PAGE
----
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23 minutes ago, drdoom said:

20 - 30 lb. I'd wager. Any crankshaft must be crated very carefully for shipment, wouldn't do for it to be tweaked via rough handling. Still digging for advice through other channels on this.

Having just installed a crank, I reckon 30lb could be in the ballpark. A quick calc, and shipping could be around £100 - £150 depending on ultimate weight/size.

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Margate Exotics.

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Custom Thrust Washers

Link above to a chap in the U.S. who manufactures thrust bearings in bronze with a focus on British cars, could be a source for a bearing of custom dimensions. Broadly summarizing our issues, we have need of sourcing some sort of thrust bearing whilst remaining confident of the durability of the block and/or crank should either be re-worked. Latest tip via the other group is nickel-bronze braze welding as alternative to full-on welding, though I'd wonder whether the lay-up would be incompatible with likely bearing washer material. The quest continues . . . 

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My 39 pound (!) crank arrived rolled in about ten layers of corrugated cardboard.  

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I just got a quote through Parcel Monkey and shipping from the UK to the US is approx 310.00 USD

Cheers, Gavin

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Just had a chat with a preferred local engine builder, not altogether a happy one. His view is that nodular iron does not lend itself to welding, though he is not in that end of the business. Will contact other leads found on the web and report here. Gavin, did Lotusbits have used OEM cranks for sale? I reached out and Mike replied in terms of steel replacements.

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Steve......
 
Gavin
 
I have a good block in stock - £600 or £800 fully vapour blasted cleaned and inspected
 
We also have freshly ground and balanced cranks in stock -£600 with matching bearings £250 which you will almost certainly need
 
Regards
 
Mike

Cheers, Gavin

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I am waiting for Garry Kemp to reply on what he has available.

Cheers, Gavin

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Garry will supply steel cranks at 1600 Pounds, last time I checked, probably about the same deal whether Lotusbits or QED for that matter. One other course of action we might consider is to locate a custom bearing on the aft flank of the center main saddle if grinding a face on the crank throw is viable. Cost of this TBD as well, so if expensive then replacing the crank would be preferable. My donor block suffered a wee bit when the washer was spit loose into the sump like a twisted pretzel, so need to examine that for remedy.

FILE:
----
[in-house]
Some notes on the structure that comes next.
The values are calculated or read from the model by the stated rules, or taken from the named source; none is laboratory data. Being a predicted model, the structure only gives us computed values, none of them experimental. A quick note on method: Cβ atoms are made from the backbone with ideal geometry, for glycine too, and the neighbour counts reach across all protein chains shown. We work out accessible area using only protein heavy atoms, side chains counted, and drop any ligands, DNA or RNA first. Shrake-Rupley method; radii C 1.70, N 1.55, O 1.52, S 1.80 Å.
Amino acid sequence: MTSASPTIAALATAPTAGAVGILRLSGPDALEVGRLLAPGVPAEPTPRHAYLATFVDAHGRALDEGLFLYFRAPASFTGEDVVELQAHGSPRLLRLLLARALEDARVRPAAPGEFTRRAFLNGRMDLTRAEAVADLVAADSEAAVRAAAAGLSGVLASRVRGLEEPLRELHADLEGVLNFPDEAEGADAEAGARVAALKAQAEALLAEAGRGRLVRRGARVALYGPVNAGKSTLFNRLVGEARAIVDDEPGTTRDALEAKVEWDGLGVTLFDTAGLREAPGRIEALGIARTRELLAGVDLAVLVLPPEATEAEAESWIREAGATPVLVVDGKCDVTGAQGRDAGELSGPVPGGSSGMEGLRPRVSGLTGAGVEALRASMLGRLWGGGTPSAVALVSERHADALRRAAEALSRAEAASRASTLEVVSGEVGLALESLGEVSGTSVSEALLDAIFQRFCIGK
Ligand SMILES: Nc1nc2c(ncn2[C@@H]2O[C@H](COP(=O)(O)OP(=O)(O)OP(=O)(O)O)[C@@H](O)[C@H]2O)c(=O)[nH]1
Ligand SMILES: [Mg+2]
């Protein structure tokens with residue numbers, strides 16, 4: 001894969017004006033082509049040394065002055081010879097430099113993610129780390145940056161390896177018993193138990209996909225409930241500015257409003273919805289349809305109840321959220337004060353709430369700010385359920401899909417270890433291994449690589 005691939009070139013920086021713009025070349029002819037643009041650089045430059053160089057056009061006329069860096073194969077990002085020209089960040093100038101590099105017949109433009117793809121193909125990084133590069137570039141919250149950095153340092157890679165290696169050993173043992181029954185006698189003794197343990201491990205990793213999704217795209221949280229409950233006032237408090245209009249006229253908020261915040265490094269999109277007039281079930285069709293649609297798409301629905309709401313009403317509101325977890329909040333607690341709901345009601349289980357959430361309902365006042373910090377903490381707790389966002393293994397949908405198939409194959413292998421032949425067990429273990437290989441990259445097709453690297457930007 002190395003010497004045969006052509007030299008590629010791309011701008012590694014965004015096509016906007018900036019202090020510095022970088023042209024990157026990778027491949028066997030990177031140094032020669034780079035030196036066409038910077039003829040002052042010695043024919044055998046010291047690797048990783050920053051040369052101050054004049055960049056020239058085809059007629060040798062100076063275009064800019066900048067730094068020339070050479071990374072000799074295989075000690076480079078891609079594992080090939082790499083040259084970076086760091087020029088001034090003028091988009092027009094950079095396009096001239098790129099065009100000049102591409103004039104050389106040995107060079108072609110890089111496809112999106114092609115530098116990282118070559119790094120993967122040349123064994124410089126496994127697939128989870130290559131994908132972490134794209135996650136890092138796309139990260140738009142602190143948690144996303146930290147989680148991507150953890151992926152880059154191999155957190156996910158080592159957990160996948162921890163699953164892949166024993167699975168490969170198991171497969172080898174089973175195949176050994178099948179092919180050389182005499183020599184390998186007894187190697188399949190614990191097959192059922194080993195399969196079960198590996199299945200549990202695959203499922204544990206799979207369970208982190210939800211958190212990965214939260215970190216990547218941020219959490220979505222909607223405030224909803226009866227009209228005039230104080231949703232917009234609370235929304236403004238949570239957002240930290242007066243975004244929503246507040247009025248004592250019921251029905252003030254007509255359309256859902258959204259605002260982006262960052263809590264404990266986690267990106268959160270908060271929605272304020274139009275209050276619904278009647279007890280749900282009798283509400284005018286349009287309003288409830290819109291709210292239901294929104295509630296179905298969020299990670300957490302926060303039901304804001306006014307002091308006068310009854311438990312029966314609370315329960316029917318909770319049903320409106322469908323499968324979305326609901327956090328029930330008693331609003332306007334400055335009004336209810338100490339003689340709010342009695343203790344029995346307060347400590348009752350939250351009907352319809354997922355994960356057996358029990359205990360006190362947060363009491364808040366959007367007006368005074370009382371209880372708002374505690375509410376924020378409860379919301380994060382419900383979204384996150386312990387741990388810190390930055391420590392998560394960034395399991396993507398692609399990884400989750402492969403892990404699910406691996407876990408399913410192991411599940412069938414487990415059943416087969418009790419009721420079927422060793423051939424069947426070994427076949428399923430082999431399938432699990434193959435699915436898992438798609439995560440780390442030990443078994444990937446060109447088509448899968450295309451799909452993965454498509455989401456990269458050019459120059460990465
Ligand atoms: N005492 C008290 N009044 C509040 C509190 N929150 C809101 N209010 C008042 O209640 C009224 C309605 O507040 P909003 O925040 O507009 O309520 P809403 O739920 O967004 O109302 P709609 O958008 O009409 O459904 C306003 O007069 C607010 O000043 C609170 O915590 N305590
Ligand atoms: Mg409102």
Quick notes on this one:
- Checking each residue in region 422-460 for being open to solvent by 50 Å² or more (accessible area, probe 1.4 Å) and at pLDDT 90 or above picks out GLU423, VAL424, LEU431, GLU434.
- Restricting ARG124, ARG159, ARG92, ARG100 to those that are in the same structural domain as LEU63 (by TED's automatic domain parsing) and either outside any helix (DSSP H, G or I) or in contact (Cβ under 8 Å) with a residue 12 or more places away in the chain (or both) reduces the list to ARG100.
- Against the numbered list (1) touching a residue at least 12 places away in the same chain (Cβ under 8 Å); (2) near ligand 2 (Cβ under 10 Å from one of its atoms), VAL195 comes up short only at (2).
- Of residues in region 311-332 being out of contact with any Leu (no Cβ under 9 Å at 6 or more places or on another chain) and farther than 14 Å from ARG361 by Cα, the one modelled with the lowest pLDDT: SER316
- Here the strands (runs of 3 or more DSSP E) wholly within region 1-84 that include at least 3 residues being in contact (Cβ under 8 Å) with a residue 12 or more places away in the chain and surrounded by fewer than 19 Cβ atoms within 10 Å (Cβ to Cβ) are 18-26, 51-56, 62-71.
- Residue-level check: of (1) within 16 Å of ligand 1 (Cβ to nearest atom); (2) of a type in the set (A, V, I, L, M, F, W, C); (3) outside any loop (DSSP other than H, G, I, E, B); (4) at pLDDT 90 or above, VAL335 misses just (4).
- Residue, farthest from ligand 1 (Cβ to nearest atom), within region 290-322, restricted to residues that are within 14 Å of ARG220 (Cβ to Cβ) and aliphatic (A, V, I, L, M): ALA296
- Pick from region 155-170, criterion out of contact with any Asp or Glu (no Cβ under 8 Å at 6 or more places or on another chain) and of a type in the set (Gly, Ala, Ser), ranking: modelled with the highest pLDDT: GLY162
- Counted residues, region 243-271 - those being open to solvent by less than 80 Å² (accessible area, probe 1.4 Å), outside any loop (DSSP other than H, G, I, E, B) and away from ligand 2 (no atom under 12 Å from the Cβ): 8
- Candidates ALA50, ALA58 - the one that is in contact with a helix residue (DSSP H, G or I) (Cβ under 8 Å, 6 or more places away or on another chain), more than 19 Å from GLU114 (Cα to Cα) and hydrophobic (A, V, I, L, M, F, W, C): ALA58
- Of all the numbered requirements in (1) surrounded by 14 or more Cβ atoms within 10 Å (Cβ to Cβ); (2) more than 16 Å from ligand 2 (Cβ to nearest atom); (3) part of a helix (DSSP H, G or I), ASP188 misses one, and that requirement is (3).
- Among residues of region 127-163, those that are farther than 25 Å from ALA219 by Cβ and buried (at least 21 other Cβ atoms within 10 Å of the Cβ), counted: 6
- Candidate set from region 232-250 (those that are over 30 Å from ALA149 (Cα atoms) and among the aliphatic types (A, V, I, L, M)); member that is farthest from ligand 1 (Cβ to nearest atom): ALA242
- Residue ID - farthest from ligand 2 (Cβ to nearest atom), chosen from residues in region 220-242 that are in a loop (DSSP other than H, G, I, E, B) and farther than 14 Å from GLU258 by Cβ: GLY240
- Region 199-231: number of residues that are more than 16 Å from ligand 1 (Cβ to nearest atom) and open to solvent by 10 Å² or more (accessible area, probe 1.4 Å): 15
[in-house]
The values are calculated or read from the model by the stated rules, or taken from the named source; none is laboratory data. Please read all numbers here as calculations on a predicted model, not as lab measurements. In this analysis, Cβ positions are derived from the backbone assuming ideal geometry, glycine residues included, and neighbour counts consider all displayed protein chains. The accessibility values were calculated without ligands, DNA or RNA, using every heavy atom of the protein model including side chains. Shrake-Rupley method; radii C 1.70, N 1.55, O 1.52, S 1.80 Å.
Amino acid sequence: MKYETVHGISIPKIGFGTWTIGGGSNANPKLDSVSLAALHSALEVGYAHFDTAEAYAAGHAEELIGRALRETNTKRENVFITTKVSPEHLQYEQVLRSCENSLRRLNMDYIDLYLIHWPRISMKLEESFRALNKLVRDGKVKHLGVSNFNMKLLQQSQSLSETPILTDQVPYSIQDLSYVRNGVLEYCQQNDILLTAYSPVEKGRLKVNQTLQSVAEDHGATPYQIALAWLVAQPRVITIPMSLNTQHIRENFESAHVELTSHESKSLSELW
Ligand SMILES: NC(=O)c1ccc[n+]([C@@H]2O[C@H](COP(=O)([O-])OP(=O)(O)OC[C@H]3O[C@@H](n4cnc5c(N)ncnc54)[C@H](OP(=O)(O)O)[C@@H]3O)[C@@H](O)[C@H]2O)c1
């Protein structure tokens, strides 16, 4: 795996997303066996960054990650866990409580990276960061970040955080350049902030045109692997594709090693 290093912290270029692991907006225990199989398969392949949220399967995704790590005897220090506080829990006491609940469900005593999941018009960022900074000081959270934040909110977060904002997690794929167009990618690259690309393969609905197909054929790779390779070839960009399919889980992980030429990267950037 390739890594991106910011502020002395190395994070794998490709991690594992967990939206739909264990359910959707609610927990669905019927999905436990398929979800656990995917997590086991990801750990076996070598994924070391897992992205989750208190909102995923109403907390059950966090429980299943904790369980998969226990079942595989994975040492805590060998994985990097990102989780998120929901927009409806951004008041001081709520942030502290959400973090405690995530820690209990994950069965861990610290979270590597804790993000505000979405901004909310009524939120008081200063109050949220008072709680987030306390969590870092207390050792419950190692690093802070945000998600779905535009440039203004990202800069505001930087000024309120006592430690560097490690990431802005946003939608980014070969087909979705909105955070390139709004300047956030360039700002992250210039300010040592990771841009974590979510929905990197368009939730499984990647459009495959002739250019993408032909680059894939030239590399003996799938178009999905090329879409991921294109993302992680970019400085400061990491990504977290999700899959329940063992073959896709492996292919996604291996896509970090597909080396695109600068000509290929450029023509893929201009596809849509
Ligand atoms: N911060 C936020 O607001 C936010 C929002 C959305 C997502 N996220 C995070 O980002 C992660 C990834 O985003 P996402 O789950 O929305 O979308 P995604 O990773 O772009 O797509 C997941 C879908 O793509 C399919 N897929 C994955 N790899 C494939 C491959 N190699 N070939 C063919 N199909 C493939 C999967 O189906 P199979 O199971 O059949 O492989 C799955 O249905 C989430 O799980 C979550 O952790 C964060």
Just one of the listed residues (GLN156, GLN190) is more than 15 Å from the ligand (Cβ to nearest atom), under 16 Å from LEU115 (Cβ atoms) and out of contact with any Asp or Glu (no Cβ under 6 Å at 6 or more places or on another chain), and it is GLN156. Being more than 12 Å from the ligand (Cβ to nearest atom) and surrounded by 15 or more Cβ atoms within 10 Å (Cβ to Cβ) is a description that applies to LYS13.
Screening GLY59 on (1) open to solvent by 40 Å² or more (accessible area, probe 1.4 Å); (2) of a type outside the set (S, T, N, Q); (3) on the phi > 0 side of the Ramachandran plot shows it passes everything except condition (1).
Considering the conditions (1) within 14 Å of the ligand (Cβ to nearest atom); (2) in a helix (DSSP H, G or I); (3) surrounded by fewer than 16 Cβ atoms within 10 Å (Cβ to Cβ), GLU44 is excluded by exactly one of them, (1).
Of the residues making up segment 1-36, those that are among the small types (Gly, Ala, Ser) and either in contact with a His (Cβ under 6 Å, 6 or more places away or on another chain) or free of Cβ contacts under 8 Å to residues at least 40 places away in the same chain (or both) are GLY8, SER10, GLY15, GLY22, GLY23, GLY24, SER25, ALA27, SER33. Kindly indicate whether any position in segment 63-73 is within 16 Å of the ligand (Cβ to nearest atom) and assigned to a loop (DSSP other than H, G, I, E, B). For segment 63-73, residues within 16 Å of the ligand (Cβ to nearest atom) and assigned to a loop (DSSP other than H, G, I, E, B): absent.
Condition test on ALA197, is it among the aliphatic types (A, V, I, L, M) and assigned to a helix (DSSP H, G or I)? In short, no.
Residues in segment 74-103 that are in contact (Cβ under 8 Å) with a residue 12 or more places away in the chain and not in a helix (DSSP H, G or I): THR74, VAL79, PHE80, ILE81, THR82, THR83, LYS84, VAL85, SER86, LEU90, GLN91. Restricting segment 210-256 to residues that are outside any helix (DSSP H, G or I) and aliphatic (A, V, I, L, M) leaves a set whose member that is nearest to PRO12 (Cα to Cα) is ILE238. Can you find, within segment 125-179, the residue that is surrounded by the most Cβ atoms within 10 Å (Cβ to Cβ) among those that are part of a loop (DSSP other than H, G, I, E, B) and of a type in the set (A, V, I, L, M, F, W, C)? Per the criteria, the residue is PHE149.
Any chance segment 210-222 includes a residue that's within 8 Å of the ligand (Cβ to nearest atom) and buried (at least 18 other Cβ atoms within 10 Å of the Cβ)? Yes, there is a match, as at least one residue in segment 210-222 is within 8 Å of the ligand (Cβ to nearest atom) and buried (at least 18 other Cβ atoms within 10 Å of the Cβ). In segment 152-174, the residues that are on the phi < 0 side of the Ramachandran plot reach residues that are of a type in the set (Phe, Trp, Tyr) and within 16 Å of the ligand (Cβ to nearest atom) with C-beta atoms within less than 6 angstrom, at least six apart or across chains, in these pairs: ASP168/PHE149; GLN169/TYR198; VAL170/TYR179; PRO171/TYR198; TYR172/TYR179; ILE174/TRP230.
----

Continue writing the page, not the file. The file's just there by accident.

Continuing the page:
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Two conversations this morning, the first of which leaves me less optimistic for salvaging my crank. A machinist with a regional shop dealing in repair of heavy equipment by way of plasma, among other methods, advised of 2 concerns: turbulence of the #4 counterweight affecting spray delivery, and breakout of the weld material as not confined by a ledge at the margin of my smoothly faced flange. That said, automotive work is not their forte so I was off to call number two with a well established local engine machinist firm. Productive discussion there must await the coming week when a semi-retired chap who's the import car guru will be in shop.

On reflection, taking a number of involved measures in machining up a crafty solution must inevitably add to considerable cost and this will be weighed against the cost/benefit of a replacement crank. 

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You can not use spray coating on a crankshaft. Metal spray do not bond to the base material, but laser cladding does. And further, the limited heat input by laser cladding will not cause cracks or tensions afterwards. So post heat treatment is not required. 

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Thank you, Lars. Does laser cladding impart strength equivalent to the base metal lost in this situation? Gavin, back to the root cause of this I'm intrigued on how yours came to fail. Early on in the Turbo series Lotus determined inadequate lubrication of the thrust interface, issuing a Technical Bulletin on modifying one main shell edge to provide oil. This was during the dry sump run and, if I recall that correctly, could account for the fail in my donor engine which was from a written off dry sump Turbo. Has your engine had a bearing change over the years? Have you kept the main shells pulled when it was disassembled? Which oil have you been running?

Cheers